Thursday, August 13, 2009

Question From Jim Clark/Answer From Jerry Sims!

Jim commented on "A King-ly Interview" with a question:

"I've been reading all of the old posts on A.J.'s blog, many of them bemoaning the passing of AM radio, and I agree with them. Modern FM automated radio is so boring. No "live" disc jockeys playing songs, no patter, nothing but monotony. O course, I am old, and this might influence my thinking, but I lived in Little Rock during the first years of KAAY, and it was exciting. I was surprised, in reading this blog, that the KAAY jocks were so young. A.J., apparently was only about 21 or so when he became program director and the second Doc Holiday. Maybe, it was the exuberance of youth that made the station so different and interesting. I have one question. I would swear that, during the British invasion back in 1964, KAAY had a late night jock who called himself Bill Shakespeare. Does anyone remember that?

Jim Clark
Rogers, Arkansas"

And, once again, Jerry Sims comes to our rescue with some great information:

"We had a friend named Gary Robertson who was the son of the General Manager of KTHV Channel 11 (that was in the same building with early KAAY). Gary could do a great British voice, so we put him on the air for a while. I am not sure what name he used on the air, but surely this was Gary. I am not sure he was comfortable doing a regular shift. I believe he decided to end it himself. 1964 was also perfect timing for that.
We had a show called Top of the Pops, which came from England. It featured various groups and had interviews, as well as music. I sent A.J. a portion of one of the shows a good while back, and he posted it on the blog.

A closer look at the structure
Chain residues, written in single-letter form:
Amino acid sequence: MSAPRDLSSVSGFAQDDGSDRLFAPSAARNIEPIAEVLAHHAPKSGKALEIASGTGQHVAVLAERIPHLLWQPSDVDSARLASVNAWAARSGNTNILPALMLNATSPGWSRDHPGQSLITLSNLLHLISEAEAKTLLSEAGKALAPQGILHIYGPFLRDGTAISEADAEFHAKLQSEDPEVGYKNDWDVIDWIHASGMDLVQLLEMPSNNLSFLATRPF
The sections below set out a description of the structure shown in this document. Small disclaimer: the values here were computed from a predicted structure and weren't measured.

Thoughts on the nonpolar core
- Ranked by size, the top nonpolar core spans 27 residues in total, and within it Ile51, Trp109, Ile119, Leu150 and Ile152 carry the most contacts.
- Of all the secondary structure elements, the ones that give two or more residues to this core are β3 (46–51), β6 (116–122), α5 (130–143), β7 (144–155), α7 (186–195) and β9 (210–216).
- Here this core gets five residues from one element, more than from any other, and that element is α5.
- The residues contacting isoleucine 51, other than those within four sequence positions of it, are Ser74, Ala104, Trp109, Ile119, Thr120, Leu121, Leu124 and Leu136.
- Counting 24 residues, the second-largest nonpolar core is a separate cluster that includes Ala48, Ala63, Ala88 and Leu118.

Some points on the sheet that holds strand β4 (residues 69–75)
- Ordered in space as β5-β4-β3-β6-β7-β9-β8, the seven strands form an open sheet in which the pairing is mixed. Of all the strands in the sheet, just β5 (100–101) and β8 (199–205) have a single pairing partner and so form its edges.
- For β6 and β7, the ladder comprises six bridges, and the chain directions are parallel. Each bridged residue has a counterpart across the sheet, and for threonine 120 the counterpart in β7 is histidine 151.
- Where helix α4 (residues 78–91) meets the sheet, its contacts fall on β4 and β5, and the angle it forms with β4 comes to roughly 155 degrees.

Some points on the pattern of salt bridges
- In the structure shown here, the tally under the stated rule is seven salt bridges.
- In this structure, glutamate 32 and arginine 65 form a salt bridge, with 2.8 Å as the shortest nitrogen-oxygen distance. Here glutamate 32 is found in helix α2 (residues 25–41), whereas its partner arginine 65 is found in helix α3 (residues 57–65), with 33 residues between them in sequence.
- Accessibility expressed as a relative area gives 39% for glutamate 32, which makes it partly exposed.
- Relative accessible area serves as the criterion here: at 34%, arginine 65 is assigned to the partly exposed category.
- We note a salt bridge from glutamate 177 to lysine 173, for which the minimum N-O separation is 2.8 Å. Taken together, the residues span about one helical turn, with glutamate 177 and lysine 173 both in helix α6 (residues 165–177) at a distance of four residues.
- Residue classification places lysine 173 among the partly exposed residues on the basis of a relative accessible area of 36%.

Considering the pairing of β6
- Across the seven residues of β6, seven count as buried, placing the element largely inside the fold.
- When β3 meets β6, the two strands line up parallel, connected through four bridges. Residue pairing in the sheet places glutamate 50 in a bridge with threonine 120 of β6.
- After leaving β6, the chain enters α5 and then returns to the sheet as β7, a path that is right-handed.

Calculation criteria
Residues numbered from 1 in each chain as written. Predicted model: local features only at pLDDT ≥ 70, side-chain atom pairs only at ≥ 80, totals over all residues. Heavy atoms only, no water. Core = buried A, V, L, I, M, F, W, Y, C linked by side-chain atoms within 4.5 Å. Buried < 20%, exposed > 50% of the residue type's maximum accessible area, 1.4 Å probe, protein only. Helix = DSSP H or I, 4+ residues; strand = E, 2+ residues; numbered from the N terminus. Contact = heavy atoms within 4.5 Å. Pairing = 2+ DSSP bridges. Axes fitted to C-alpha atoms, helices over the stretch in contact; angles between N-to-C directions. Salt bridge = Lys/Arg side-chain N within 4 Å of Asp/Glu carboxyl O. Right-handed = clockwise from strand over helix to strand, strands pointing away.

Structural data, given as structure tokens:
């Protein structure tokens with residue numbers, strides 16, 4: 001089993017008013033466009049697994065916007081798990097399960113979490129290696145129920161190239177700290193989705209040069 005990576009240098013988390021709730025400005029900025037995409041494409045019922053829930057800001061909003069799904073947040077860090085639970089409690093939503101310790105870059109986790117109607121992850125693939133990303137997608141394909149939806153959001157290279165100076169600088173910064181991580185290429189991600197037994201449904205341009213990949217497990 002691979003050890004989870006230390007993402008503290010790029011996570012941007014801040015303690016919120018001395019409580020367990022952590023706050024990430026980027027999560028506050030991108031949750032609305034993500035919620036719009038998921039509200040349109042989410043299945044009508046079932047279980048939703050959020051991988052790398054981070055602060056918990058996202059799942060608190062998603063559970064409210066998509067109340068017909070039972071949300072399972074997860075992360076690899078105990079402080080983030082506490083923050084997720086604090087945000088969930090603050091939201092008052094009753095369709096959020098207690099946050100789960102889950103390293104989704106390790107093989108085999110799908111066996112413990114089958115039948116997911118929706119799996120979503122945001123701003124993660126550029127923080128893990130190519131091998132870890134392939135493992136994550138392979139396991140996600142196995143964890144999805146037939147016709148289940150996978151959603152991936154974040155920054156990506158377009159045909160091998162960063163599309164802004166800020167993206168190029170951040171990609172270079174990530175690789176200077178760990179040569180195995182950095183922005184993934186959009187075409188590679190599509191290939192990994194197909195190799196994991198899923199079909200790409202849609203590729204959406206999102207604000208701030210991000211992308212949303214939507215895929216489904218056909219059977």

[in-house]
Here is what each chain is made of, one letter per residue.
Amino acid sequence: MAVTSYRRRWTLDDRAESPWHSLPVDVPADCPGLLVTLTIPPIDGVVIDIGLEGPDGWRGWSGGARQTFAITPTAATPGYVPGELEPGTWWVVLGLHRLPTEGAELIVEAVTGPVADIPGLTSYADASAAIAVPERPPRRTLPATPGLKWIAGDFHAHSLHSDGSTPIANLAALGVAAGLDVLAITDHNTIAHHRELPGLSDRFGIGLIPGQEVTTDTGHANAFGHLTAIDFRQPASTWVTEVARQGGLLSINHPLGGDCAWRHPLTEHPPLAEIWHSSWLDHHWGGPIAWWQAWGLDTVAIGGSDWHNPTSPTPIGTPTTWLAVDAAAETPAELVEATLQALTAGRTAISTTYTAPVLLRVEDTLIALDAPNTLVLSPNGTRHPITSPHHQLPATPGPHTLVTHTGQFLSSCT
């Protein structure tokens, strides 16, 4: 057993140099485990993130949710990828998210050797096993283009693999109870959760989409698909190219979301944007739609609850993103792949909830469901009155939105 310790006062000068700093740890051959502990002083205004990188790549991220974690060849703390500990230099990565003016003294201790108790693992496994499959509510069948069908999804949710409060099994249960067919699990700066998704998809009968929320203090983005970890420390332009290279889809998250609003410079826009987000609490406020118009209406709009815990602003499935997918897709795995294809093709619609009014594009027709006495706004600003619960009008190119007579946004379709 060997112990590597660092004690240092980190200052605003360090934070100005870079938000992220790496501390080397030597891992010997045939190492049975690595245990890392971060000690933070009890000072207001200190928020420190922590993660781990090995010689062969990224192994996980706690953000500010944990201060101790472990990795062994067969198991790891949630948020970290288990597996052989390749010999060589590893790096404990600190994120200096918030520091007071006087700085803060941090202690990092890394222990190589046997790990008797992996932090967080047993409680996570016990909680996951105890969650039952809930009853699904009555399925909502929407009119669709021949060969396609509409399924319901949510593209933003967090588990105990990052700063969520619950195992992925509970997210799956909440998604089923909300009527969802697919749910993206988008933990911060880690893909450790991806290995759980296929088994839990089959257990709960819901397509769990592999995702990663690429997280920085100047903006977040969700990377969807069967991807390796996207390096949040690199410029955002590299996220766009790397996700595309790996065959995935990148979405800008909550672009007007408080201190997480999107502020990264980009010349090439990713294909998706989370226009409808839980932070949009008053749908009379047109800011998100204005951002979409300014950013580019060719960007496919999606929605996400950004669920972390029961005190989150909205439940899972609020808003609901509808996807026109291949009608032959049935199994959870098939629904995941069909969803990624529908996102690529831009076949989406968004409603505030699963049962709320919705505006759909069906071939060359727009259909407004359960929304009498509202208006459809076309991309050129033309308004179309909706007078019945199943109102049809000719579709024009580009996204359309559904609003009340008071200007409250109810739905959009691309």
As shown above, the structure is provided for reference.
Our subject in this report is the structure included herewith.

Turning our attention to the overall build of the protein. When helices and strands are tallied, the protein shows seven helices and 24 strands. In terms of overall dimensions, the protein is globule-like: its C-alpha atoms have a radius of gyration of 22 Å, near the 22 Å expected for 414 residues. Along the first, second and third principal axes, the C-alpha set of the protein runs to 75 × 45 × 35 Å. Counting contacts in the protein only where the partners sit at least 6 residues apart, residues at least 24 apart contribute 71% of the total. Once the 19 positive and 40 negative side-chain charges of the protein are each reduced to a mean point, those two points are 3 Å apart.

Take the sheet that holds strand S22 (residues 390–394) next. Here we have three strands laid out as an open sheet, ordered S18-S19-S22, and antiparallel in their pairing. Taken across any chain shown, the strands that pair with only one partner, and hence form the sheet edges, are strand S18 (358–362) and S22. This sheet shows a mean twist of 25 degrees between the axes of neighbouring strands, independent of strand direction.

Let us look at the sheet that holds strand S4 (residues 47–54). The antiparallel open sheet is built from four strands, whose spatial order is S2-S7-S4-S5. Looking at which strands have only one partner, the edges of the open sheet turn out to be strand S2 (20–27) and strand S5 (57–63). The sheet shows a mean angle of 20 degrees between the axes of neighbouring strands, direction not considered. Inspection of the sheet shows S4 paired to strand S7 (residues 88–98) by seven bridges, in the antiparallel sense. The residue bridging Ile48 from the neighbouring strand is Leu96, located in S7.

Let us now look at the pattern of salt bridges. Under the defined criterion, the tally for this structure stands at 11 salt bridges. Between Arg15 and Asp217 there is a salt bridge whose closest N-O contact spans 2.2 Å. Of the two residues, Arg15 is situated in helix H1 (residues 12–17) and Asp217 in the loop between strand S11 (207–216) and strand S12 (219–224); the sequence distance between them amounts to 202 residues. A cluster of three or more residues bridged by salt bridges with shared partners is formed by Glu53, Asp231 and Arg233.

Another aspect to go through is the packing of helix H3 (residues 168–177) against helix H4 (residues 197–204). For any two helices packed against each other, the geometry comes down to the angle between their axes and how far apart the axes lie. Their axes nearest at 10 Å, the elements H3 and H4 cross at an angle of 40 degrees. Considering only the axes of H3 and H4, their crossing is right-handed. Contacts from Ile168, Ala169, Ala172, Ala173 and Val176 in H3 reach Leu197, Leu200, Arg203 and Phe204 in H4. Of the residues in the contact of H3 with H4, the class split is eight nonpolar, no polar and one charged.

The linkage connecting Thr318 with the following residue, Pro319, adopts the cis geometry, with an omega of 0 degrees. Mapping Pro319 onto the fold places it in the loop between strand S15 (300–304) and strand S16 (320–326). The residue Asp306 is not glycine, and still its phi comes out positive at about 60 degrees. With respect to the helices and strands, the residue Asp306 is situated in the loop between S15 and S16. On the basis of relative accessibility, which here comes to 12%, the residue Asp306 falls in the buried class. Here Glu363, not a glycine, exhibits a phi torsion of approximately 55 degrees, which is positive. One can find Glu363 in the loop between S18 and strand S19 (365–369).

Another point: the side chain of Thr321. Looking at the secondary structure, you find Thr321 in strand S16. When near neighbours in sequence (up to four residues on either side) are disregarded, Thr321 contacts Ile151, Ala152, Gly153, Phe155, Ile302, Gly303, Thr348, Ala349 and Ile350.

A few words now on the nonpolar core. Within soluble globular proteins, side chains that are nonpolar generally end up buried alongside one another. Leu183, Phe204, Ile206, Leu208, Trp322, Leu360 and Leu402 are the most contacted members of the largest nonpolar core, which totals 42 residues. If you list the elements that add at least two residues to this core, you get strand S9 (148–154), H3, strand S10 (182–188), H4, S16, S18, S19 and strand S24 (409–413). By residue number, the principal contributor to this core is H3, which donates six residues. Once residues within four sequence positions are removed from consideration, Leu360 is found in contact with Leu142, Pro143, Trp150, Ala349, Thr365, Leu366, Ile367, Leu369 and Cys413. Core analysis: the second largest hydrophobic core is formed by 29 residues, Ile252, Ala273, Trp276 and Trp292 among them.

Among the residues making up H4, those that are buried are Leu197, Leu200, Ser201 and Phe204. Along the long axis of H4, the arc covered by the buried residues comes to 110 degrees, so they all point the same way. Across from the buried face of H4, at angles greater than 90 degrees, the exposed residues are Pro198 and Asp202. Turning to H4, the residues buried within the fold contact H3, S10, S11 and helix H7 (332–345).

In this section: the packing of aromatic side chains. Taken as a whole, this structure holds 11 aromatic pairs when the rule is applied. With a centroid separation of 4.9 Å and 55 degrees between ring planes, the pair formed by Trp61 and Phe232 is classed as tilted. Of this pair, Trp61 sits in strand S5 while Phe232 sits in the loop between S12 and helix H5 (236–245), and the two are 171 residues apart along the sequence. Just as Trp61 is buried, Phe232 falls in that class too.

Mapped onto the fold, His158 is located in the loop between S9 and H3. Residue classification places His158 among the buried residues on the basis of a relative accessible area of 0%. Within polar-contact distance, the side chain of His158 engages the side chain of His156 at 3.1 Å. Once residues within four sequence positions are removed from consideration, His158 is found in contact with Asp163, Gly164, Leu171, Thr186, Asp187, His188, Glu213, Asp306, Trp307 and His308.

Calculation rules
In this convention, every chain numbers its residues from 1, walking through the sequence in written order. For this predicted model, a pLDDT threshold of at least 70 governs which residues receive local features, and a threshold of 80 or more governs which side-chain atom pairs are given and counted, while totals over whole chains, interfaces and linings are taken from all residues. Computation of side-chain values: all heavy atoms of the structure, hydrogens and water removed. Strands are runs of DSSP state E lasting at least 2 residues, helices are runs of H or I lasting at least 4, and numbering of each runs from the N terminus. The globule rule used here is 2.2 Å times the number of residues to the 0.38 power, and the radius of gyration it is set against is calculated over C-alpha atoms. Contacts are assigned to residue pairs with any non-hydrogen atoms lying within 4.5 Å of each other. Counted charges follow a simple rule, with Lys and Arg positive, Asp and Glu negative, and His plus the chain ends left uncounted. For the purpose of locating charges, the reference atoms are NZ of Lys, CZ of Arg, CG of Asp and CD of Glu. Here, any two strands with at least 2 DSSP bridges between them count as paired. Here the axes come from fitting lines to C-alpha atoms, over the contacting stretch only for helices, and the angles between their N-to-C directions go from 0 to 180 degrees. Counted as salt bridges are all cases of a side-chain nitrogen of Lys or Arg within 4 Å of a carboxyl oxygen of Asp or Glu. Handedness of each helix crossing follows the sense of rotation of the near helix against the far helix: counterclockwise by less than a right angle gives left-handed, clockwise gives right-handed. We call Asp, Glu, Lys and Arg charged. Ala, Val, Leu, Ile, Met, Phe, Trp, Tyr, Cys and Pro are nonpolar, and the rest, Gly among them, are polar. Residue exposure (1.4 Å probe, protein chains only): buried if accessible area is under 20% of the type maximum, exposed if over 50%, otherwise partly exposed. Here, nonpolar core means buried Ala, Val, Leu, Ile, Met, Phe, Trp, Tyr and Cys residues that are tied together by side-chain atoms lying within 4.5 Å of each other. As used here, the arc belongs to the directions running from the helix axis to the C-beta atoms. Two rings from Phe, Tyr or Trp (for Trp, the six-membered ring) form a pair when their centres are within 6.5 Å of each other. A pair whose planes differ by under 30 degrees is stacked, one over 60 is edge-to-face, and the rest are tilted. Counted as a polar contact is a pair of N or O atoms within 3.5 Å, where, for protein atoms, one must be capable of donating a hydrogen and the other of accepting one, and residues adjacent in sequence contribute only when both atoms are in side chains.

Yes, we were a very young bunch of jocks. Most of us were local, after the first sign on bunch. A.J remarked to me, I believe on the blog too, that they found we would work cheaper. We had so much fun that it did not matter. Also when we had the KAAY Commando Basketball team traveling around the state, I made enough money that sometimes I would realize that I had not cashed my payroll check. We always played for 50% of the house. I think we had a minimum, but the 50% was always much higher. We would talk about it on the air a lot, and would usually pack the house. I was about the only one of the "real" jocks who played, but could bring in enough players to play, and I would tell each one who they would be for the night. They would not be on mic so nobody would know the difference. I have several stories that I can share on this subject if anyone is interested.

Yes, Jerry, we would really like to read those stories! Thanks for sharing more great information!

Jim, I agree...and I may have said it before, but corporate radio seems really...well, sterile. There are a few instances where its fresher and more lively, but there's more to radio than a string of the same 200 songs played over and over....this is exactly why I still dial around these days, listening for local "mom-n-pop" stations that refuse to sell out, who still air local, home-grown programming.

Bud S. (


  1. Thanks for the answer. I wonder if Jerry may have recruited some Arkansas State Teachers College or Little Rock University players for that basketball team?

    Jim Clark
    Rogers, Arkansas

  2. No matter what genre of music you listen to, music radio is so bad at playing the same songs over and over and over that it's hardly worth listening to.